• lilmyacofield

Quilt Of Many Colors

When Joanna Sieberg was beginning to pack her things, she realized that she had acquired quite a few T-shirts. The local author and historian has been a regular participant in the Bataan Memorial Death March each springat White Sands Missile Range. She participates in memory of her father, Charlie, who was a Bataan Death March survivor. Sieberg has completed 15full 26.2 marches and 2 14.2 mile marchesat the range between Las Cruces and Alamogordo. Every time, she received a T-shirt for herselfas part of the registration. She often also bought one for her husband, Jerry.Sieberg decided to move to Albuquerque this fall, but she wasn’t sure about what to do with all those T-shirts. Her good friend, Mannie Bemis, said she had an idea. “She asked to borrow the shirts. She came back a few weeks later with three quilts and a pillow,” Sieberg beamed. “She and I were out walking right after she decided to move to Albuquerque,” Bemis recalled. “As we were walking, she commented on all the things she needs to dispose of before her move. Along the way, she asked, ‘What am I going to do with all those Bataan shirts?’”“Without thinking, I blurted out, ‘You're going to let me make them into quilts for you and your kids!’” Bemis said. “And with that, I was committed to making T-shirt quilts for Joanna and her two daughters.”One of the quilts has Joanna’s name on the bottom. The other two are designated for Joanna’s two daughters, Stacey and Shannon. All three (and the pillow) were sewn together using Sieberg’s plethora of Bataan T-shirts. She also kept a fewspecial shirts. Both of Sieberg’s daughters have participated in the Memorial March with her, as has Bemis, who marches in memory of the employees of Carlsbad Caverns National Park who were also Bataan survivors. “She told me this was a way of saying thankyou,” Sieberg said, gesturing at the quilts. Bemis said this was her first experience making a T-shirt quilt, so she turned to the internet for advice. She found a tip at a web site, of all places, called “Man Sewing.” Shecut the shirts into pieces, utilizing the designs for the large pieces, and strips from the back and sleeves for the border pieces. Each piece then had to be stabilized with iron-on interfacing to keep the shirts from stretching.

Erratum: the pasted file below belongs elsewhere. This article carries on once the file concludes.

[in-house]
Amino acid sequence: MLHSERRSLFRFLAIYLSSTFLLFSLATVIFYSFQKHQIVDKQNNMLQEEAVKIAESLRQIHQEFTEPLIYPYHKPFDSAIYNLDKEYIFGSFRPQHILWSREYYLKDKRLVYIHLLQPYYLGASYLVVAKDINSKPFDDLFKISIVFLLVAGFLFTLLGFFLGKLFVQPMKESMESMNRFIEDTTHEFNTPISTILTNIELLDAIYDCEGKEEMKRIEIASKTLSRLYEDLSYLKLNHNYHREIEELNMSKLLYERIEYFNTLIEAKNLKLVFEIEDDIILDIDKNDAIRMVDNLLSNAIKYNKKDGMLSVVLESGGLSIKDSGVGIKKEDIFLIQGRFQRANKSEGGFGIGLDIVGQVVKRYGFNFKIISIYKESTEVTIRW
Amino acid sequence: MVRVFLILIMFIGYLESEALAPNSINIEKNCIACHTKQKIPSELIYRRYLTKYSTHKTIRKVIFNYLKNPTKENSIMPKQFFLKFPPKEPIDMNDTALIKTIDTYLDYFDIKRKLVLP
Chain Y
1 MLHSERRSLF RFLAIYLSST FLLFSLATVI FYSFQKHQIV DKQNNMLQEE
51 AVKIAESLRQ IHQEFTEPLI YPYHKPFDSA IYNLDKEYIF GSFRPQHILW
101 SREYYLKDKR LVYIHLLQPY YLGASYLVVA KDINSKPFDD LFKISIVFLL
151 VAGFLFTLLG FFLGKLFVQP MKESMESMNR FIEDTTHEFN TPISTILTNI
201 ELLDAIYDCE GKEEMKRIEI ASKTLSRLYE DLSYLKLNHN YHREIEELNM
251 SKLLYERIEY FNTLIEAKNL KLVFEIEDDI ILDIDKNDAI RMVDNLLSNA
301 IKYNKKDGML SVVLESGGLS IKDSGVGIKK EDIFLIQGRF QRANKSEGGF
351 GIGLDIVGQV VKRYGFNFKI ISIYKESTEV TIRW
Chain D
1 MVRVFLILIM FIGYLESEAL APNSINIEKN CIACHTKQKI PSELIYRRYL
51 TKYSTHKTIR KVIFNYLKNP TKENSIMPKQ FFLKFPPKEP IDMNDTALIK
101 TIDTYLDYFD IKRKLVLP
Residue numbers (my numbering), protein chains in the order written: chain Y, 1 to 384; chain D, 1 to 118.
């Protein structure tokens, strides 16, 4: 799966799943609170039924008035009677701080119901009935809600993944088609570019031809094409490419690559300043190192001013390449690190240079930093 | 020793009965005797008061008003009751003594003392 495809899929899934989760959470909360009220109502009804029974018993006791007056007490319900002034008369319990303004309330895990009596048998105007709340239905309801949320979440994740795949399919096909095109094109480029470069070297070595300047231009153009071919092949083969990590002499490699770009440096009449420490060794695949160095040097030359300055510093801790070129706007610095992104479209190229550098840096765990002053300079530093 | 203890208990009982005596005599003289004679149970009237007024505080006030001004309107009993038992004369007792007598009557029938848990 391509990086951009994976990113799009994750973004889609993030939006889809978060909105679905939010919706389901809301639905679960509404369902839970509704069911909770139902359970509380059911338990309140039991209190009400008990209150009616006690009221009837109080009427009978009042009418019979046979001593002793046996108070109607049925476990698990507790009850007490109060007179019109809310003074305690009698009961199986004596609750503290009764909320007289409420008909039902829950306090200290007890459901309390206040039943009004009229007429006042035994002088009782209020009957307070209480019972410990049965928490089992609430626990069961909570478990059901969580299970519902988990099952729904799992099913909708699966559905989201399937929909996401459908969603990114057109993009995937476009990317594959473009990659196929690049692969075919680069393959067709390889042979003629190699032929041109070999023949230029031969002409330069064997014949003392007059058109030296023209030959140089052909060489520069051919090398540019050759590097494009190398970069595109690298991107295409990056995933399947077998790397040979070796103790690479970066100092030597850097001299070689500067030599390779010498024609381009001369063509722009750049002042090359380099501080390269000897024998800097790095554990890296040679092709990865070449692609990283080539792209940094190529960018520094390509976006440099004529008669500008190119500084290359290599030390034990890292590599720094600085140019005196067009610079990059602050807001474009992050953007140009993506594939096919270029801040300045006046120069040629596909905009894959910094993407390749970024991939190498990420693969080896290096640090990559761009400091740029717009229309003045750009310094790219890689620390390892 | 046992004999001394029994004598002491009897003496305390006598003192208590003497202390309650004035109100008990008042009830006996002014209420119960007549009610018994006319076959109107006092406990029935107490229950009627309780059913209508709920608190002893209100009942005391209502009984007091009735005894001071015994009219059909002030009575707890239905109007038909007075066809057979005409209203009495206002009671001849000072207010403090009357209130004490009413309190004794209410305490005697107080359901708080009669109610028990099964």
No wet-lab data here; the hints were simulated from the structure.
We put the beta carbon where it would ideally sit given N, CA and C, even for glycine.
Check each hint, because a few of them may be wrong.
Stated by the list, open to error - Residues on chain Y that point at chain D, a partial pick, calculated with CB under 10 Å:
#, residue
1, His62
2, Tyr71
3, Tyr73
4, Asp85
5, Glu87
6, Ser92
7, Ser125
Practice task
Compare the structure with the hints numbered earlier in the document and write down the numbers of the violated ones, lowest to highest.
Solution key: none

After piecing the top together, she needed to put the pieces together, which consisted of thequilt top, the inner batting, and a piece of material on the back.“Traditionally, this was done using a large frame that held the entire quilt and the sewing was all done by hand--a very laborious process,” Bemis shared.“Pioneer women would all gather together to work on one quilt at a quilting bee. By workingtogether, the women helped each other and made a social event of the tedious job.”These days, a quilting machine makes things easier. Bemis said her friend, Glenda Sauer, offered to loan her machine.“She and I worked together. Her husband, Steve, madea pantograph--a pattern--for us to follow. Ajob that would have taken weeks to do by hand was done in a couple of days. Once the quilting is done, all that remains is to sew binding around the edges. I had one square left over, which I turned into a pillow sham.”Sieberg is a 2013 retiree from Carlsbad Municipal Schools. She has been active in the Southeastern New Mexico Historical Societyand authored a book about her father’s experiences as a Bataan survivor. Shesaid she’s moving to Albuquerque to be closer to family.“I’m really going to miss my friends,” she said. “I’ll miss walking up C-Hill. It was great for training purposes. I’m going to miss my involvement in the historical society.I’d been really looking forward to setting up the Jed Howard library so the public could utilize it.”The 2020 Bataan Memorial March was cancelled due to COVID concerns. Joanna says she hopes to participate again in future marches. She also plans to return to Carlsbad when a Huey helicopter is installed at the Carlsbad Veterans Memorial Park.

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